The only other way to get from Vang Vieng to Luang Prabang would be to return to Vientiane and fly, which I know may not be in everyone's budget. But in general, I usually advise travellers to fly to Luang Prabang because in Laos, you're far more likely to get into a road accident than be accidentally shot.
Many vehicles continue to travel the route everyday -- it's the major throughway for getting goods into Luang Prabang. There does seem to be a loose pattern around targeting Chinese vehicles and buses. Minivan transport, which mainly take foreign tourists, seems less risky but this is speculation as there isn't much information available publicly.
#3 SoManyMiles has been a member since 7/2/2014. Posts: 147
Posted by janusz0 on 22/2/2017 at 07:54
I travelled this road in 2003, just after 2 Swiss cyclists were taken off a bus and shot dead. When I cycled along the road, I was surprised by the number of armed soldiers (alarmingly, not all in uniform) stationed along the road. I'm planning to cycle up there in a couple of weeks time. Will I find the same level of "protection" this time?
I'd also find it helpful to have a map with the potentially dangerous sections marked and a clear description of what you mean by "new road".
Would it be a good idea to detour from Kasi via Muang Nan, Sayaboury and Hongsa? What's accommodation like between Hongsa and Luang Prabang?
#4 janusz0 has been a member since 22/2/2017. Location: United Kingdom. Posts: 5
Posted by somtam2000 on 23/2/2017 at 02:59 admin
Ok, below are two maps, showing the two routes between Kasi and Luang Prabang . The first map, is the “old route”, the second map is the “new route”.
As you mention, tourists have been killed on this road previously—a foreign cyclist (Australian I think, but not sure, was a long time ago) was killed north of Kasi in the mid 90s as the Swiss duo were in 2003. At the time of the 90s killing, a Canadian friend and I were trying to hitch to Luang Prabang and were turned back at Kasi. But that was a long time ago. More recently, I was attacked and narrowly avoided being murdered when motorbiking near Phongsali in the far north. The recent attacks show no evidence that foreign tourists are being specifically targeted.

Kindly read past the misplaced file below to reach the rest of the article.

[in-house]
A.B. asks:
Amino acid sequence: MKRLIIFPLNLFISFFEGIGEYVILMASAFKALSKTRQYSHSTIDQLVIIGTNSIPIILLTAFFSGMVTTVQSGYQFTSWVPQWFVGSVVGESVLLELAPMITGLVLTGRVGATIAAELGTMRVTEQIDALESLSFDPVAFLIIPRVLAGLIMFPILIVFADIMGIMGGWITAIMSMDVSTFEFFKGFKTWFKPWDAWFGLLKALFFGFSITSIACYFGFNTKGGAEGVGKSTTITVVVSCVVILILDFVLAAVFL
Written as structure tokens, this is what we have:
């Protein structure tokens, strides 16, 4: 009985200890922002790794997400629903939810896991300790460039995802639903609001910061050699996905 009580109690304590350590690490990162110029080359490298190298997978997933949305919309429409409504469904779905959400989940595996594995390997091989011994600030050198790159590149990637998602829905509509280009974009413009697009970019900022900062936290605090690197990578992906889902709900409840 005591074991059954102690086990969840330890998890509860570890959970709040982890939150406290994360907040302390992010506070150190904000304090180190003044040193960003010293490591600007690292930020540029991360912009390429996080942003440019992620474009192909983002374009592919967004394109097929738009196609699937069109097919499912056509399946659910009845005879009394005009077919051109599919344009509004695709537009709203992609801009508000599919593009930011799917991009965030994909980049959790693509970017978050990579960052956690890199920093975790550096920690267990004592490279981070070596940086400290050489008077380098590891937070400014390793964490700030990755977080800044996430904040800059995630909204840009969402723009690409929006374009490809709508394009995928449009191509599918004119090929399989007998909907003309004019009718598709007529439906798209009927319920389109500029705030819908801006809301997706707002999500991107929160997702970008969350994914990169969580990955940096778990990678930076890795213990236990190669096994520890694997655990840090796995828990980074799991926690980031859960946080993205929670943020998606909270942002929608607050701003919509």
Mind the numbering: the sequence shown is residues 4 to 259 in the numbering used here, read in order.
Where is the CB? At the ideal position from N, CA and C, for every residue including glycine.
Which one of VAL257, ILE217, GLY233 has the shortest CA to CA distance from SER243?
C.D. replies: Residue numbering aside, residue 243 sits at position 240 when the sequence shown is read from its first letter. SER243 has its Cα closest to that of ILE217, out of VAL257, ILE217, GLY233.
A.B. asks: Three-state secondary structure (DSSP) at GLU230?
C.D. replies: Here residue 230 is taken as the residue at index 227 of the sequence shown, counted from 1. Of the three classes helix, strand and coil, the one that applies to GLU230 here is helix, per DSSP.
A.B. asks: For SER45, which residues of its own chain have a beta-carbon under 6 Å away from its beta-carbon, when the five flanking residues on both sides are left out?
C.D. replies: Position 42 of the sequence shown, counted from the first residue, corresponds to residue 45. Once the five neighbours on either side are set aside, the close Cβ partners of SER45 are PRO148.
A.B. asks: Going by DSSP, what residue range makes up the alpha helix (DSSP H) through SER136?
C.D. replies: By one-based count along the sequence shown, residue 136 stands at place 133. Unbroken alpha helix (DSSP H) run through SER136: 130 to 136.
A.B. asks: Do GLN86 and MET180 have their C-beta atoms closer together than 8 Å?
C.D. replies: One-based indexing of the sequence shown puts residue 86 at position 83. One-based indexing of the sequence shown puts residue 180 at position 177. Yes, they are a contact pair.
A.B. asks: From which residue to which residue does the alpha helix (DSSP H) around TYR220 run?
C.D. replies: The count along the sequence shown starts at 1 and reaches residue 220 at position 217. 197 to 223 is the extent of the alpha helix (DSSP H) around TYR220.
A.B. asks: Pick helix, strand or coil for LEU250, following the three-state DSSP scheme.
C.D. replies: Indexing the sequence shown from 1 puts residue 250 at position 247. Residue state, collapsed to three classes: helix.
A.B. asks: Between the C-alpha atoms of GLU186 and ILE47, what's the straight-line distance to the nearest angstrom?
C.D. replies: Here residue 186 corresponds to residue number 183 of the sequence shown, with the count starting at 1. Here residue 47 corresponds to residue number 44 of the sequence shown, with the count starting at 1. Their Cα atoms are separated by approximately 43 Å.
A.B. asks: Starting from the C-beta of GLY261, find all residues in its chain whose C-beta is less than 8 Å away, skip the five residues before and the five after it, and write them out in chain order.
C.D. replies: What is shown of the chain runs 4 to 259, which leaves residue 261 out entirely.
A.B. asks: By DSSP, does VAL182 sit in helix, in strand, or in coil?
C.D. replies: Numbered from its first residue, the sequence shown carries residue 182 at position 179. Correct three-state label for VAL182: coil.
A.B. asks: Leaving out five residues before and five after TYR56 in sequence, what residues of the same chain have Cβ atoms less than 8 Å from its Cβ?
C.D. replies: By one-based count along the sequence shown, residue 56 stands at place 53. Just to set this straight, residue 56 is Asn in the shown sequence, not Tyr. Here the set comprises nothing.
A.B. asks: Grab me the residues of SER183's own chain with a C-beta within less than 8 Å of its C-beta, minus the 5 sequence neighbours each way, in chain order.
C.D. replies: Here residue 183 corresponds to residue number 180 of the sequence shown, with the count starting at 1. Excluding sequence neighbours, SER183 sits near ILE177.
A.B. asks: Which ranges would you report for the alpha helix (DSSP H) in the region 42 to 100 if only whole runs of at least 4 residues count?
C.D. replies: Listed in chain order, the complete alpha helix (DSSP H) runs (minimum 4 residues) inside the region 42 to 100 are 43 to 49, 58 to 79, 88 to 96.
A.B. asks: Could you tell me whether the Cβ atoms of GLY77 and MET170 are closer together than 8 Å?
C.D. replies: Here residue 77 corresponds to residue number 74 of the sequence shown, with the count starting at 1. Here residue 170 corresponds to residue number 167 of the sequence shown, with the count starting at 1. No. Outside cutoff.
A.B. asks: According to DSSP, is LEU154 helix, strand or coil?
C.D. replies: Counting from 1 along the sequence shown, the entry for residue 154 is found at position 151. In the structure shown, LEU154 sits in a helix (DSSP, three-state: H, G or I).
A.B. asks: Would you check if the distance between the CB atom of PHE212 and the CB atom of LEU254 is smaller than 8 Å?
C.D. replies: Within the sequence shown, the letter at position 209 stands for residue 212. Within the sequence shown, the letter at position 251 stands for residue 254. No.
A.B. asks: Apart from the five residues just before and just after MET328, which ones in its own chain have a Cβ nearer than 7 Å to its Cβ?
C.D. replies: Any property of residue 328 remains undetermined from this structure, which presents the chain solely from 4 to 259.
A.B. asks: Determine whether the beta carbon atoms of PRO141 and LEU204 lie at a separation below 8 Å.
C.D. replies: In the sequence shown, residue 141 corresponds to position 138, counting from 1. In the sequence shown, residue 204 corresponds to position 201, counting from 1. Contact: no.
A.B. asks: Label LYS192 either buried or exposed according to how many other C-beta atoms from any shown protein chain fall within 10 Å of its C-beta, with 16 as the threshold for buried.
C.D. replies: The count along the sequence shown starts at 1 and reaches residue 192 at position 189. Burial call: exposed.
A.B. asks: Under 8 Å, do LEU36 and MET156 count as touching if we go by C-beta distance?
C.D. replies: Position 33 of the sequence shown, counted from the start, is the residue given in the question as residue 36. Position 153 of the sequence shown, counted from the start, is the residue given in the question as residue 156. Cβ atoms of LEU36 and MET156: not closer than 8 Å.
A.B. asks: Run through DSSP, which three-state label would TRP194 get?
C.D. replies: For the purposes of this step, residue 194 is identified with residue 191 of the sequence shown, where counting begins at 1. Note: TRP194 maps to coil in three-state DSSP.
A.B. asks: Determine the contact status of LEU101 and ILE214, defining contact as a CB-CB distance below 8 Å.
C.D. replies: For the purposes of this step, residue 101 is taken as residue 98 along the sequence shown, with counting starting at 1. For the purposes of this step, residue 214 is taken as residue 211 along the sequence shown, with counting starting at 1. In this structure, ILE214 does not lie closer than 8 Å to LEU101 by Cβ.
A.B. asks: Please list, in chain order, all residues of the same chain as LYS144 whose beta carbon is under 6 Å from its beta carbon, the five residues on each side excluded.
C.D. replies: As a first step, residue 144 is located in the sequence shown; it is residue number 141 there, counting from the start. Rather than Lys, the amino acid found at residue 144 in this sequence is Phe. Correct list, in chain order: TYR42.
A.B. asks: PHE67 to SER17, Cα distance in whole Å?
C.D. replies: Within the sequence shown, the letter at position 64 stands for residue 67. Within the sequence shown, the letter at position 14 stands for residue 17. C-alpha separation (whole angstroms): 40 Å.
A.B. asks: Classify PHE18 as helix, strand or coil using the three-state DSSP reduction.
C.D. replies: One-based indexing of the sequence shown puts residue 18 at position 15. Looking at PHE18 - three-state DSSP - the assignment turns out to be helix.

My point is, news of attacks like these often do not filter out of Laos in the same way they would if the attack happened in Thailand. It is a frustrating peculiarity with news in the country.
Yes, the road has an element of danger to it, but, to be honest you're more likely to have a motorbike accident or injured in a minibus accident than be shot up in a minibus in Laos. I'm not trying to be callous, as the risks are there as evidenced by the initial posts on this, but, well, these buses run multiple times a day, day in day out, and these attacks have been so far, relatively infrequent. At least those that we have heard of.
That said, as Cindy says, those who are concerned about safety on this route should fly this leg (if they can afford it).
Would I personally bicycle this route by myself? No. I think you'd be putting yourself in a heightened risk in an area that does have some security concerns. After my experience in Phongsali, I'm a bit paranoid in this regard, I probably would catch the bus though. If I was travelling with the kids, I'd fly.
Assuming you're an you're an experienced traveller, my advice to you would be to ride as far as Vang Vieng and then aim for a tourist minibus that will throw your bike on the roof for the run to Luang Prabang. I would not ride this leg.
The Old Road from Kasi to Luang Prabang
New road from Kasi to Luang Prabang
Hope this helps.
#5 somtam2000 has been a member since 21/1/2004. Location: Indonesia. Posts: 8,093
Posted by janusz0 on 23/2/2017 at 09:23
Thanks a lot somtam2000. You've made things clear. I'm sorry to hear about your motorcycle incident.
Anyway, I've been close to IRA bombings in London, but still feel that whether in Lao or London, traffic incidents are a bigger threat to my life than bombers or gunmen. I think that, if I do go up to Luang Prabang it will be by cycling a big detour, rather than taking a bus. So I'm still interested in any information about accomodation on the route via X/Sayabury.
Right now I'm enjoying cooler weather in Paksong after climbing over a thousand metres at 34 C and what felt like 100% RH until the rain broke through.